Every writer has experienced it–rejection. Back in November, I received a rejection regarding my epic fantasy novel, tentatively titled Winter Ever After. I sent the query to Roc back in early May, and while they’re website says that they’ll get back to you in four months, it took them six and a half, which honestly isn’t unreasonable. I was surprised to even hear back from them in the first place.

The first rejection I ever received was from The New Yorker. I wish I still had the email. I remember receiving it and just being excited that they took the time to read the poem(s) that I had submitted. The editors of the freaking NEW YORKER read my stuff–they might not have like it, but it got read, and they were still nice enough to send a rejection instead of just ignoring it.

I don’t let rejections get me down. I know have I have good story, and with the assistance of an outside editor, it would be a good book. I know a lot of writers get discouraged by rejections, but I see things a little differently. Perhaps because I am an editor myself and I work in publishing, I’m more desensitized. About four times a year, I have to sit down and write rejections to authors who have submitted proposals to the small university press that I work for. I take no joy in the process, but it is necessary. We can’t publish everything we receive. Publishers aren’t necessarily looking at a query, proposal, manuscript, or etc and going “Why this is CRAP! I can’t believe someone took the time to create this piece of garbage!” Generally the process is more like, “This isn’t exactly what we’re looking for at this time.” Or, “This is an okay story, but we have just been flooded with so many requests, that we can only pick a few this time.”

My rejection from Roc, while disappointing, wasn’t soul crushing. The rejection itself is very similar to the ones that I send out, even down to the impersonal signature of “The Editoral Staff.” Below, I’ve posted my rejection for all the world to see because I hope that it will encourage other writers.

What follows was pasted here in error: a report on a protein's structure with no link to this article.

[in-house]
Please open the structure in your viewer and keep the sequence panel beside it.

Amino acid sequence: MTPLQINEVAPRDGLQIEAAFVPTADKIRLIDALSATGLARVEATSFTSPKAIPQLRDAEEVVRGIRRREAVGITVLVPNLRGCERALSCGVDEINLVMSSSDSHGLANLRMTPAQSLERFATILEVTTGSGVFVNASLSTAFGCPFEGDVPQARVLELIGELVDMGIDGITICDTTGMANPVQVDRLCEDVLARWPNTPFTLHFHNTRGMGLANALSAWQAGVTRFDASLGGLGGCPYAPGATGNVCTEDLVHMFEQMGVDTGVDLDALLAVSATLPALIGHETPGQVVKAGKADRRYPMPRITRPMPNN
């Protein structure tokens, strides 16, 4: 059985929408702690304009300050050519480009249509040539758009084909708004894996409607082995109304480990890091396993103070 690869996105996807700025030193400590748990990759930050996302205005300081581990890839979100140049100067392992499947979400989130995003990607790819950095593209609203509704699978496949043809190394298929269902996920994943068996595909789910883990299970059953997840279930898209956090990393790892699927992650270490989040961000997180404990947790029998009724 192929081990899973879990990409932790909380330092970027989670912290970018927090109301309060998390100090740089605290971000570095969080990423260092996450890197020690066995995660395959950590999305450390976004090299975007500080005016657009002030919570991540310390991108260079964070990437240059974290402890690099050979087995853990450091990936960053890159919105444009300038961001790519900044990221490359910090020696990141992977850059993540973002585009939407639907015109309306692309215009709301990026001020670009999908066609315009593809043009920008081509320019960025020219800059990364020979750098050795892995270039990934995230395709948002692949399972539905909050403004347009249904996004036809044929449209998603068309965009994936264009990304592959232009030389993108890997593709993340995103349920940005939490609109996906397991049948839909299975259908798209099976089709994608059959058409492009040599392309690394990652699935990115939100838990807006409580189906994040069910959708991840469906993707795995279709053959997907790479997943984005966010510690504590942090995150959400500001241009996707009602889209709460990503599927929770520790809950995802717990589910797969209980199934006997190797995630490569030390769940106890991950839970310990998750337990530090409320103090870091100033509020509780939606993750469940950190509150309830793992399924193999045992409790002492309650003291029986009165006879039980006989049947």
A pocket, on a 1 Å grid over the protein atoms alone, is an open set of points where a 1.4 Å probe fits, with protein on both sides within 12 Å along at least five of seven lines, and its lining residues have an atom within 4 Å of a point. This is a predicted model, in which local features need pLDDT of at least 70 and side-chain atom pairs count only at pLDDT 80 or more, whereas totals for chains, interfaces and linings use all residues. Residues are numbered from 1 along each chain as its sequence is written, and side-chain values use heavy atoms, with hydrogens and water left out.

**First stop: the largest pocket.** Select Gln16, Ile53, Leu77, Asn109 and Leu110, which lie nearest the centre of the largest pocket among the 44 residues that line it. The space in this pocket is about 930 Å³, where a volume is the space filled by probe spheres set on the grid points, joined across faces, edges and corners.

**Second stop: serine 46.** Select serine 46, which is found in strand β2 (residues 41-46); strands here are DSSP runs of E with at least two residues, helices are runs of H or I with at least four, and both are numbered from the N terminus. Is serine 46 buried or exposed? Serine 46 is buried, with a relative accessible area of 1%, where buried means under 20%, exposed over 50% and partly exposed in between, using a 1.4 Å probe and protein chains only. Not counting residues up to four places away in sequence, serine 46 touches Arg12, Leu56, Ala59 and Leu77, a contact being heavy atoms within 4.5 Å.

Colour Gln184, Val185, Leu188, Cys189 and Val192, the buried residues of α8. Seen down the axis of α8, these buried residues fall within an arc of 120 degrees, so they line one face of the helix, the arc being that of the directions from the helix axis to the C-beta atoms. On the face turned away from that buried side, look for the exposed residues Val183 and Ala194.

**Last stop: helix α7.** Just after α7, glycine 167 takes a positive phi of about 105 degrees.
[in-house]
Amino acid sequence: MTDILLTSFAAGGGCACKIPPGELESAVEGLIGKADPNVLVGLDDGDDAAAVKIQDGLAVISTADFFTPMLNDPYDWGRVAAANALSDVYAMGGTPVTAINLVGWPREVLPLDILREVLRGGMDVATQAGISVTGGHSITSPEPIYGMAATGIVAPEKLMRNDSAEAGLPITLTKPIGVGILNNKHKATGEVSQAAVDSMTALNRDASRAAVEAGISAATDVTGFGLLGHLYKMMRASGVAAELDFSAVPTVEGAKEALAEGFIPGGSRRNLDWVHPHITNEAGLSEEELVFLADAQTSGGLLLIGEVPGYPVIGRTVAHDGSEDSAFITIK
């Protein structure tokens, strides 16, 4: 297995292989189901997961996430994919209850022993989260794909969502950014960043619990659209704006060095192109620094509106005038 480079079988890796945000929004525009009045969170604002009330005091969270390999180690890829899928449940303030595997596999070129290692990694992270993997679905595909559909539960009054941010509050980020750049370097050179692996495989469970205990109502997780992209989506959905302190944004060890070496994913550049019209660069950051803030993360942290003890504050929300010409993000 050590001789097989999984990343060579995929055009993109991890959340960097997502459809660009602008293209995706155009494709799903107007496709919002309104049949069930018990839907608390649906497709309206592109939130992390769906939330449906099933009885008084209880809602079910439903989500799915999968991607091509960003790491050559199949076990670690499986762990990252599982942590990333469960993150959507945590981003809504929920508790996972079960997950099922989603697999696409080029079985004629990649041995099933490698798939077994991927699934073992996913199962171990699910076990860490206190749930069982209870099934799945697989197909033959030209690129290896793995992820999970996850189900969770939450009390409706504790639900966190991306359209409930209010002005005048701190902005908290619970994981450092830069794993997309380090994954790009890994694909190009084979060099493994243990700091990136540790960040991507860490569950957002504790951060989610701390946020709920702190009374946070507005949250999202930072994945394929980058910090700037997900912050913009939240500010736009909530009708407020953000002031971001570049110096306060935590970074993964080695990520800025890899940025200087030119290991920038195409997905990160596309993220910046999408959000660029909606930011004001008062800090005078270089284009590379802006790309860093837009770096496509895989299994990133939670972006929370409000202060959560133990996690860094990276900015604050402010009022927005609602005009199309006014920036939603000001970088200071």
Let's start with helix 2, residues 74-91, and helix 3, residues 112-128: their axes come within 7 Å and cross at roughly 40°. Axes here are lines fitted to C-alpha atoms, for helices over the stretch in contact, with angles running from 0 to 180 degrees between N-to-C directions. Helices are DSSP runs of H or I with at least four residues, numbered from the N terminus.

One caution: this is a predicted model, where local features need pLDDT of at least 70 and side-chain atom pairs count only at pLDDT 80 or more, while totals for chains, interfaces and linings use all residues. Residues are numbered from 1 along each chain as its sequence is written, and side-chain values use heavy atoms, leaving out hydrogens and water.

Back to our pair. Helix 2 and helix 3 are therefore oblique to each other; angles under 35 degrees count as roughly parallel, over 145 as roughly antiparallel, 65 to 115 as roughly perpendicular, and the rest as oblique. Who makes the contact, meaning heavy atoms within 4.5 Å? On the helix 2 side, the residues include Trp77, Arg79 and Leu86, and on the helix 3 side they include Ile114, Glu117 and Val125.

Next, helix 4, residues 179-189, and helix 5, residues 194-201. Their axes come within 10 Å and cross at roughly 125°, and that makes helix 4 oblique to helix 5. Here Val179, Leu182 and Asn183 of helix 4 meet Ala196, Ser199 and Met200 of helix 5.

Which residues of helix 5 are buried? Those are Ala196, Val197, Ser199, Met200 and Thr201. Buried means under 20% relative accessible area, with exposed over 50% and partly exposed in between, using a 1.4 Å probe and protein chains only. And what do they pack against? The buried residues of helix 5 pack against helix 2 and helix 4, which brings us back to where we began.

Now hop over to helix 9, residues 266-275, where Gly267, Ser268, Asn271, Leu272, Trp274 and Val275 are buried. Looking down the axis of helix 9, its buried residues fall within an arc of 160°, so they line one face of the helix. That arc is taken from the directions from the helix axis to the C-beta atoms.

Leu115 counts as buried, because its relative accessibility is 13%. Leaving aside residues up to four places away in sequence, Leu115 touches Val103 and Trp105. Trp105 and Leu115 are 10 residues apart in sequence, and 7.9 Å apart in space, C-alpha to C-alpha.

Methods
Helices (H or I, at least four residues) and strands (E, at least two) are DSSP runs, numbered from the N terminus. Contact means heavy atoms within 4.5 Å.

Don’t give up.
Everyone gets rejections.
Don’t get discouraged.
It’s nothing personal.
Just keep trying until you find the perfect fit.


Dear Ms. Loebick,

Thank you for submitting Winter Ever After to Ace / Roc. I apologize for the delayed response, as you may imagine we have many queries to go through and not much time to go through them. I appreciate the opportunity to read your submission, but I’m sorry to say that in the current crowded market, this does not sound to me like a book that we can make into a success.

I do wish you the best of luck with other publishers, and thank you again for thinking of us.

Regrets and best wishes,
The Editorial Staff
Ace / Roc Science Fiction & Fantasy


3 thoughts on “Rejection

  1. Well there’s never any reason to feel discouraged because rejection doesn’t necessarily mean the writing or story was bad but just maybe something that the publishing company wasn’t looking for at the time. That’s why its imperative to shop your idea around until you do find a publisher that’s willing to push your work. Its how Sly Stallone did it with his screen plays and yeah I’m not using the twilight lady as a reference example, lo 🙂

    Follow 4 follow if you will: -,o

  2. *A* rejection isn’t the end of the world. Rejection after rejection after rejection, etc., is difficult to bear with, but it’s true that one has to keep at it, not take it personally, and keep believing in one’s work.

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